The Facts Behind the Helsinki Roccamatios
The narrator and his friend, Paul, an AIDS patient, spend Paul's last few months constructing an elaborate story about an Italian family in Helsinki and their lives throughout the Twentieth Century--elaborate, but ultimately unfinished.
"The Time I Heard the Private Donald J. Rankin String Concerto with One Discordant Violin, by the American Composer John Morton"
The narrator, visiting a friend in D.C., attends a concert of Vietnam War veterans in a ruine...more
I was browsing the new fiction section at the library and saw a book of short fiction by Yann Martel, author of Life of Pi. I was a little leary when I found they were stories he had written before Pi. The thought crossed my mind that maybe he was just cashing in on his popularity by putting out some old stuff that wasn't that good. I was wrong, though. The stories were very well written and I'm glad I took the chance and checked the book out.
The title story was...more
The other two stories, "The Time I Heard The Private Donald J. Rankin String Conce...more
In “The Facts Behind the Helsinki Roccamatios”, a novella of about 85 pages, the main character describes how he touches the life of his friend (Paul) dying of AIDS. Together they write stories based on historical facts from each year of the 20th century. I wanted to know more about the story within the story, the story that they wrote together, but that wasn’t what it was about. It was about the tragedy of the young man’s early death. It is fitting...more
Four stories. The first emotionally driven; the second examining the relationship between making art (music) and bonding between people... followed by a discussion with the conductor about art and how it fits in with a regular working life. This was my favourite of the four.
My second favourite was the third one, which appealed to my sense of the absurd, macabre and quirkiness. How dark but how funny, how morbid and yet life affirming: the absurd idea of cata...more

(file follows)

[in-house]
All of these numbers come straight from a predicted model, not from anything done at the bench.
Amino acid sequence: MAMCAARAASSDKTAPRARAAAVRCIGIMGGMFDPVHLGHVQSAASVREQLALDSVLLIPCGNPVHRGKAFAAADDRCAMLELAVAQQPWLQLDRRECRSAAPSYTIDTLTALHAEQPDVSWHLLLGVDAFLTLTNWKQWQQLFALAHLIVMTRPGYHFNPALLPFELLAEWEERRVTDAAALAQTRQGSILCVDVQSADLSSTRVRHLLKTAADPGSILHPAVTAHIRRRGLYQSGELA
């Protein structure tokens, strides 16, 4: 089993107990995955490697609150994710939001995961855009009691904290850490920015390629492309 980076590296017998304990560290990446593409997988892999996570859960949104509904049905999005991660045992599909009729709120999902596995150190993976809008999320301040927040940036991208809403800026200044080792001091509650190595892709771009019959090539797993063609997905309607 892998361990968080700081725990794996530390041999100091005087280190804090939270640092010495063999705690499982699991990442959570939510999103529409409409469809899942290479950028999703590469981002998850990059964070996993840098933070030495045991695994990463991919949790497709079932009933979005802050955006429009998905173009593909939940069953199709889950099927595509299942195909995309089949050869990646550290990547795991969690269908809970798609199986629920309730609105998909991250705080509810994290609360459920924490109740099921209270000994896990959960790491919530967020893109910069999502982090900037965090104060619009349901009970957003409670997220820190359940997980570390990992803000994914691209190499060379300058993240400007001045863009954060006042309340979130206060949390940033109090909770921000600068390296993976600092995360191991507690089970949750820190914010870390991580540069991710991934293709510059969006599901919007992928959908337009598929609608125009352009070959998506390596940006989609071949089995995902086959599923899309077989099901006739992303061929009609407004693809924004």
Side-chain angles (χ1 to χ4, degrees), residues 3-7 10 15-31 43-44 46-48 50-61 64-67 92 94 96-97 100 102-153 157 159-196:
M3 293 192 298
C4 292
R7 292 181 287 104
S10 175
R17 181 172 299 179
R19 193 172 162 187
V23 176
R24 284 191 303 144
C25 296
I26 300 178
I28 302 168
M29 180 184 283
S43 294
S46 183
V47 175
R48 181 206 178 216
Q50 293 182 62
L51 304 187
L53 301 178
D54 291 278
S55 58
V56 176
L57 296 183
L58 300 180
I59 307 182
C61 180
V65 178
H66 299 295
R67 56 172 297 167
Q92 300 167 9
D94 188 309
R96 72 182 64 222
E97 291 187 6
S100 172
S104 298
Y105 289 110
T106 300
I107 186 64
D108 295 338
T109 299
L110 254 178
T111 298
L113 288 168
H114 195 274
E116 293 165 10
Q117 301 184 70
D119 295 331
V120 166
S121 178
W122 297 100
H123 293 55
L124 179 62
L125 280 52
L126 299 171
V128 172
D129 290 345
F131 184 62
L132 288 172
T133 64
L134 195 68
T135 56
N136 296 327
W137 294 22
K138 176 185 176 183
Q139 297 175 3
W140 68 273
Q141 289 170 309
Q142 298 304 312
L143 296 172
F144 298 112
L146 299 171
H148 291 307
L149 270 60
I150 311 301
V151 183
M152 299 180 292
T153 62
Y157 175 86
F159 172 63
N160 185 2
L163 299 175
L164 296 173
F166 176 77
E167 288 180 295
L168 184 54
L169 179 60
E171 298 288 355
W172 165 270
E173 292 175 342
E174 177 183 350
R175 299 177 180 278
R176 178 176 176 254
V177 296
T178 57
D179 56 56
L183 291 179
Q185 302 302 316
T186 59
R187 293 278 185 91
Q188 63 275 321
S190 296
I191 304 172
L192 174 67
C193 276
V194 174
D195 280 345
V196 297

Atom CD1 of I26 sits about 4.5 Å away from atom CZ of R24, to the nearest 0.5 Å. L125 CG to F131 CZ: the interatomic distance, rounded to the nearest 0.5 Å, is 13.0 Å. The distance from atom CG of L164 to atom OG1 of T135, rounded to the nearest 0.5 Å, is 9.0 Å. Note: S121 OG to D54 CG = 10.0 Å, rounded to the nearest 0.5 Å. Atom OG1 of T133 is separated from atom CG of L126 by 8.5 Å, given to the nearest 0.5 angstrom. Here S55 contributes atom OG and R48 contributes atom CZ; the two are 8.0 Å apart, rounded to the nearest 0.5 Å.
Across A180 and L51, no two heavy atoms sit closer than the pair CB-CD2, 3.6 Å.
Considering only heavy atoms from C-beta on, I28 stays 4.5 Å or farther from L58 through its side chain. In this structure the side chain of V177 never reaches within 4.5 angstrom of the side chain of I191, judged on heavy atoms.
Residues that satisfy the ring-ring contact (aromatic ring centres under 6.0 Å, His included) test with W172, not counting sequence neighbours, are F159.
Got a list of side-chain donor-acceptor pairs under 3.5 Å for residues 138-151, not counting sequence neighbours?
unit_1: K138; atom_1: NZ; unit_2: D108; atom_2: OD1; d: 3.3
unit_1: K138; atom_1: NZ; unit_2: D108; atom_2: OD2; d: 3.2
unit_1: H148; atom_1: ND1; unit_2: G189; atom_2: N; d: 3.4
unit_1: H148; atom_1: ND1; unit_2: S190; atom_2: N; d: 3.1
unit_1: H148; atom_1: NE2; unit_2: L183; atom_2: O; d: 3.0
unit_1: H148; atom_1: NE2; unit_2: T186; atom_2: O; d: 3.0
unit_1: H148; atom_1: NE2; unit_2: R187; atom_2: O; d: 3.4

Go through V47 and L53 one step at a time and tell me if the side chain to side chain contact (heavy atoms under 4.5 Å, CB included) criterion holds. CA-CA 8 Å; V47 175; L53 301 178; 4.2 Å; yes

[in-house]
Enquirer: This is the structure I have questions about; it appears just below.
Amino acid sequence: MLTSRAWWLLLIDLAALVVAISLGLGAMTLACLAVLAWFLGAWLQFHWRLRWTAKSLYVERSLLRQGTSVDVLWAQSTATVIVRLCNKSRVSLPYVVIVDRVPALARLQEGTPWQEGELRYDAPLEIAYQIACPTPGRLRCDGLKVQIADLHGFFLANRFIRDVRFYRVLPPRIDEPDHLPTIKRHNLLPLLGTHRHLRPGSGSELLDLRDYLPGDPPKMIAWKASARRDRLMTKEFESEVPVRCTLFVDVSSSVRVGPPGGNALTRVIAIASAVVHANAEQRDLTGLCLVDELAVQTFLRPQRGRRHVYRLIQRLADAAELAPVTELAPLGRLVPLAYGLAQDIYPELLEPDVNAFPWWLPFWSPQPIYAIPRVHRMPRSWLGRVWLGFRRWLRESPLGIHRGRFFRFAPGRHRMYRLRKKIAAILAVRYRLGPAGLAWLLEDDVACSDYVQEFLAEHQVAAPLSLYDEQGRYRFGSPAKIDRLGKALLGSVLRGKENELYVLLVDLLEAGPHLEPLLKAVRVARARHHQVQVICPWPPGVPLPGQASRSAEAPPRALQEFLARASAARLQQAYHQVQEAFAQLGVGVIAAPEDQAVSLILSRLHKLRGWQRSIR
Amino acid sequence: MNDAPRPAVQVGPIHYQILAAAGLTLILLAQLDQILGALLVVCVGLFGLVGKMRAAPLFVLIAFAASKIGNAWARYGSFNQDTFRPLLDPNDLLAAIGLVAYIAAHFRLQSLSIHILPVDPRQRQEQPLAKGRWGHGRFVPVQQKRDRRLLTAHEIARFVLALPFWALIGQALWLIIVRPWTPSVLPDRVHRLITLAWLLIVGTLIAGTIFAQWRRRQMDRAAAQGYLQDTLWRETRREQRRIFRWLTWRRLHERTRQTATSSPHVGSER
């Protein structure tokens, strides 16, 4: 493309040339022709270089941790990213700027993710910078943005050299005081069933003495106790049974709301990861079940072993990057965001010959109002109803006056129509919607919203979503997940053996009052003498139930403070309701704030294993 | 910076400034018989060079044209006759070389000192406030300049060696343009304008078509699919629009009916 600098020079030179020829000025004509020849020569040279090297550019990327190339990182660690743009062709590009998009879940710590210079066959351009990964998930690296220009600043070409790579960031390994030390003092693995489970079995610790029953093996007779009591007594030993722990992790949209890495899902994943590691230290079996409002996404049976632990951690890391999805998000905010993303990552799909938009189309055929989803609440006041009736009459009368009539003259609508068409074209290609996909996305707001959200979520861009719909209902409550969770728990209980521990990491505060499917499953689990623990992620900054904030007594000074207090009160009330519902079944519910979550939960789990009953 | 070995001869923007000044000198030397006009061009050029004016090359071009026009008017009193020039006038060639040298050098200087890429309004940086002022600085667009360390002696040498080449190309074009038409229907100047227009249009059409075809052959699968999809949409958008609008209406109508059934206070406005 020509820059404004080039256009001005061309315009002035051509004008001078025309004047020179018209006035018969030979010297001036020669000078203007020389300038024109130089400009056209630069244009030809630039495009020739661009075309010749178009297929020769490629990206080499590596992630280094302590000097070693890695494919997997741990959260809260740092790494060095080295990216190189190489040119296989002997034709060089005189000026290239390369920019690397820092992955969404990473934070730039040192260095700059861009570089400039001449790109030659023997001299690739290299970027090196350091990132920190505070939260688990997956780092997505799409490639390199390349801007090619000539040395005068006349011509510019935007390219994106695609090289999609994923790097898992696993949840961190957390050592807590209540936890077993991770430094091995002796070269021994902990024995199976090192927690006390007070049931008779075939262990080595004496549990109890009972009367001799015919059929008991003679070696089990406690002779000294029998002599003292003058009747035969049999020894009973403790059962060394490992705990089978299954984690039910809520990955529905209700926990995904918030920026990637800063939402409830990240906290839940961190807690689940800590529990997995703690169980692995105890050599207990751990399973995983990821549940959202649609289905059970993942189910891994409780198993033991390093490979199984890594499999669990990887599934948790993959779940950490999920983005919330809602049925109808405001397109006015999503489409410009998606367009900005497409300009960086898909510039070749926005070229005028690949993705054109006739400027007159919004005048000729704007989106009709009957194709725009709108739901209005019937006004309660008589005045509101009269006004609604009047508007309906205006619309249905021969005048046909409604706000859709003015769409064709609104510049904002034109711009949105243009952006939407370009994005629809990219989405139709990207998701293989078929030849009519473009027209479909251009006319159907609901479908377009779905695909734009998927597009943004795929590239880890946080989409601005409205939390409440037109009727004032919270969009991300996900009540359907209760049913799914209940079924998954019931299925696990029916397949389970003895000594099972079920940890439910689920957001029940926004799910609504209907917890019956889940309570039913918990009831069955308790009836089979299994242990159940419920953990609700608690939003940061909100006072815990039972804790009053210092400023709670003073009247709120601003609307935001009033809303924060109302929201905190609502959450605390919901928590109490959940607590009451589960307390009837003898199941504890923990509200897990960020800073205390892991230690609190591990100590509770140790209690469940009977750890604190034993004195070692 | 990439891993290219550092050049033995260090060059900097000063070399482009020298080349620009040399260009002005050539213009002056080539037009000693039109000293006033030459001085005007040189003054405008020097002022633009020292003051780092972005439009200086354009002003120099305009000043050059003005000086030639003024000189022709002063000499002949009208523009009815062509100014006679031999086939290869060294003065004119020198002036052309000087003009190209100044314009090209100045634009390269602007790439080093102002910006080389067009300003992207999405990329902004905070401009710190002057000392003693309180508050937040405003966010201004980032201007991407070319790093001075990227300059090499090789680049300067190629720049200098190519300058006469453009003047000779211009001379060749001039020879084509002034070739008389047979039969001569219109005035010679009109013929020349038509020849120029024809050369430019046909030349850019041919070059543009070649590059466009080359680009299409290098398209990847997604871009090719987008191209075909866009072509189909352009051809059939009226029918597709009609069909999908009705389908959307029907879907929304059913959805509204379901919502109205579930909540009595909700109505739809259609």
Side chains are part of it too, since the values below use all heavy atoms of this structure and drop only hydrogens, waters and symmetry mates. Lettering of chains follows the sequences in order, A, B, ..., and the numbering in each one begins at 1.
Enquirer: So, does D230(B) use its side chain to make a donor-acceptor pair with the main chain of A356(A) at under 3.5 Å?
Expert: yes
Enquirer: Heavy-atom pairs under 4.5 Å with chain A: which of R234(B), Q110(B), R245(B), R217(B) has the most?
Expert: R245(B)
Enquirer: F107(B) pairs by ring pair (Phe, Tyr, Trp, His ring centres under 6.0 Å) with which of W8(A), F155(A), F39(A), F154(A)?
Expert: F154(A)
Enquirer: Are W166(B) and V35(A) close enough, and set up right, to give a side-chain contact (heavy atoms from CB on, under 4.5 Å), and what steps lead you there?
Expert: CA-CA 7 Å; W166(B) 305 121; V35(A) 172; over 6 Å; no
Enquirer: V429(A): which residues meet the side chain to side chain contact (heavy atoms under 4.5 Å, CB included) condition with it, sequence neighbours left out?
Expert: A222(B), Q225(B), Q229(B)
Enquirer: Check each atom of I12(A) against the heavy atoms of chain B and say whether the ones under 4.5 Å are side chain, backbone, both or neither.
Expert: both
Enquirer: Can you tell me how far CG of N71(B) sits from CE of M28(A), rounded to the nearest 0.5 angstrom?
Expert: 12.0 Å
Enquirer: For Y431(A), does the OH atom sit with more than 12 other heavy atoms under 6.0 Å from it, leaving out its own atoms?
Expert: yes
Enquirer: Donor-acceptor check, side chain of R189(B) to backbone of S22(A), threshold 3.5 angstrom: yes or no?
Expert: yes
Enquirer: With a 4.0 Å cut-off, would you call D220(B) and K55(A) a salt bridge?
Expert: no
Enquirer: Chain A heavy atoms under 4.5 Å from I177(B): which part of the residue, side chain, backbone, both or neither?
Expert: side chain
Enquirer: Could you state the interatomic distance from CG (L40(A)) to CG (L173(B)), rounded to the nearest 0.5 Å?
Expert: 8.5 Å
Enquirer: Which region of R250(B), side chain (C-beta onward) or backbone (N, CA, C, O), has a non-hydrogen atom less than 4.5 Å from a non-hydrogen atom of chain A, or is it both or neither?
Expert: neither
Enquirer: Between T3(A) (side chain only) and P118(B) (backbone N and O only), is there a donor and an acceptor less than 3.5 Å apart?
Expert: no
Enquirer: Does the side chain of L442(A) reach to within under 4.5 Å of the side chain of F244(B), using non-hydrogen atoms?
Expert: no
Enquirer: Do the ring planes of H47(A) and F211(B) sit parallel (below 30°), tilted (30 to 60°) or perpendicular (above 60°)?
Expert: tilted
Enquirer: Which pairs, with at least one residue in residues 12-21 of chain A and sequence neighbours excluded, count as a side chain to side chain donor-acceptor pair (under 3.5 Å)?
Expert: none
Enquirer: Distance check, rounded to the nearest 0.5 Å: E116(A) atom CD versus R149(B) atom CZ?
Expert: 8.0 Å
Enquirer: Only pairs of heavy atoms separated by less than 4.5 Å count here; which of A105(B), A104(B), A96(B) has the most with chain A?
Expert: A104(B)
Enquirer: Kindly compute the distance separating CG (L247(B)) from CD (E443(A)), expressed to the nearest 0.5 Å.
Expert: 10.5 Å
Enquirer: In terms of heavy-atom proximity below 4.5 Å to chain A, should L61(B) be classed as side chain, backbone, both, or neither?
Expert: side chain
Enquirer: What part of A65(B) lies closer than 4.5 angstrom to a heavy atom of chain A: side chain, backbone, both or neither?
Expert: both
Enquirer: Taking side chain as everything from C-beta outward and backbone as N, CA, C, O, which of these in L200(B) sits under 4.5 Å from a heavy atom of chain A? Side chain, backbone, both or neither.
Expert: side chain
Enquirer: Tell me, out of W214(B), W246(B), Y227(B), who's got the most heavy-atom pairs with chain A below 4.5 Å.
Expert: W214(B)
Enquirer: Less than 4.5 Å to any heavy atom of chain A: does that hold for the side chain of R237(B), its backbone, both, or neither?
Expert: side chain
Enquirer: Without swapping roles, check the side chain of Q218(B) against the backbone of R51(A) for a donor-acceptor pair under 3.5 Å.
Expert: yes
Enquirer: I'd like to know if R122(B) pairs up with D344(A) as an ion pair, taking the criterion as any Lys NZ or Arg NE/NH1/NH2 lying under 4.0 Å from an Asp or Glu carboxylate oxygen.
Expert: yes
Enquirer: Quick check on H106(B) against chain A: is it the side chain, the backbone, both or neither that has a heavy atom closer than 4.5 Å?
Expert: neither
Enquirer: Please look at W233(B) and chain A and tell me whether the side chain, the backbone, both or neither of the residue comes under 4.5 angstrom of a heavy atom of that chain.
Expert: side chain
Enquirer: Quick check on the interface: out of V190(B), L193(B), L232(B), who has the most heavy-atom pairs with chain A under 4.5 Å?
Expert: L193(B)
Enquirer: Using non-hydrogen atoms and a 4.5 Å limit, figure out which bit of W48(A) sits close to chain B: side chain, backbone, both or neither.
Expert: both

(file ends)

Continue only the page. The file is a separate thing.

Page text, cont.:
The best of the bunch was the title story: "The Facts Behind the Helsinki Roccamatios" which is a brilliant tale of suffering and...more
That said, I really enjoyed this compilation.
There are four short stories in this volume. I found three of the four to be very worthwhile. I struggled through the fourth one - titled "Manners of Dying" - which is simply many versions of a letter written by a p...more
Well, my interest wasn't satisfied. There are four short stories in this book, of which the Roccamatio one is 82 pages.
On the back cover of the book it says: "In 'The Facts Behind the Helsinki Roccamatios', two young friends discover the transformative power of the imagination as they join togeher to craft a story about a Fi...more
This is a collection of 4 shortish stories. When you write a book like Life of Pi and then go back and publish some of your early books they just will not measure up. Having said that, I enjoyed reading this collection of stories. You can see that this is a young man writing as the author reminds in the stories. It is full of youth's earnestness and seriousness and certainty and doubt (oxymoronic as that is).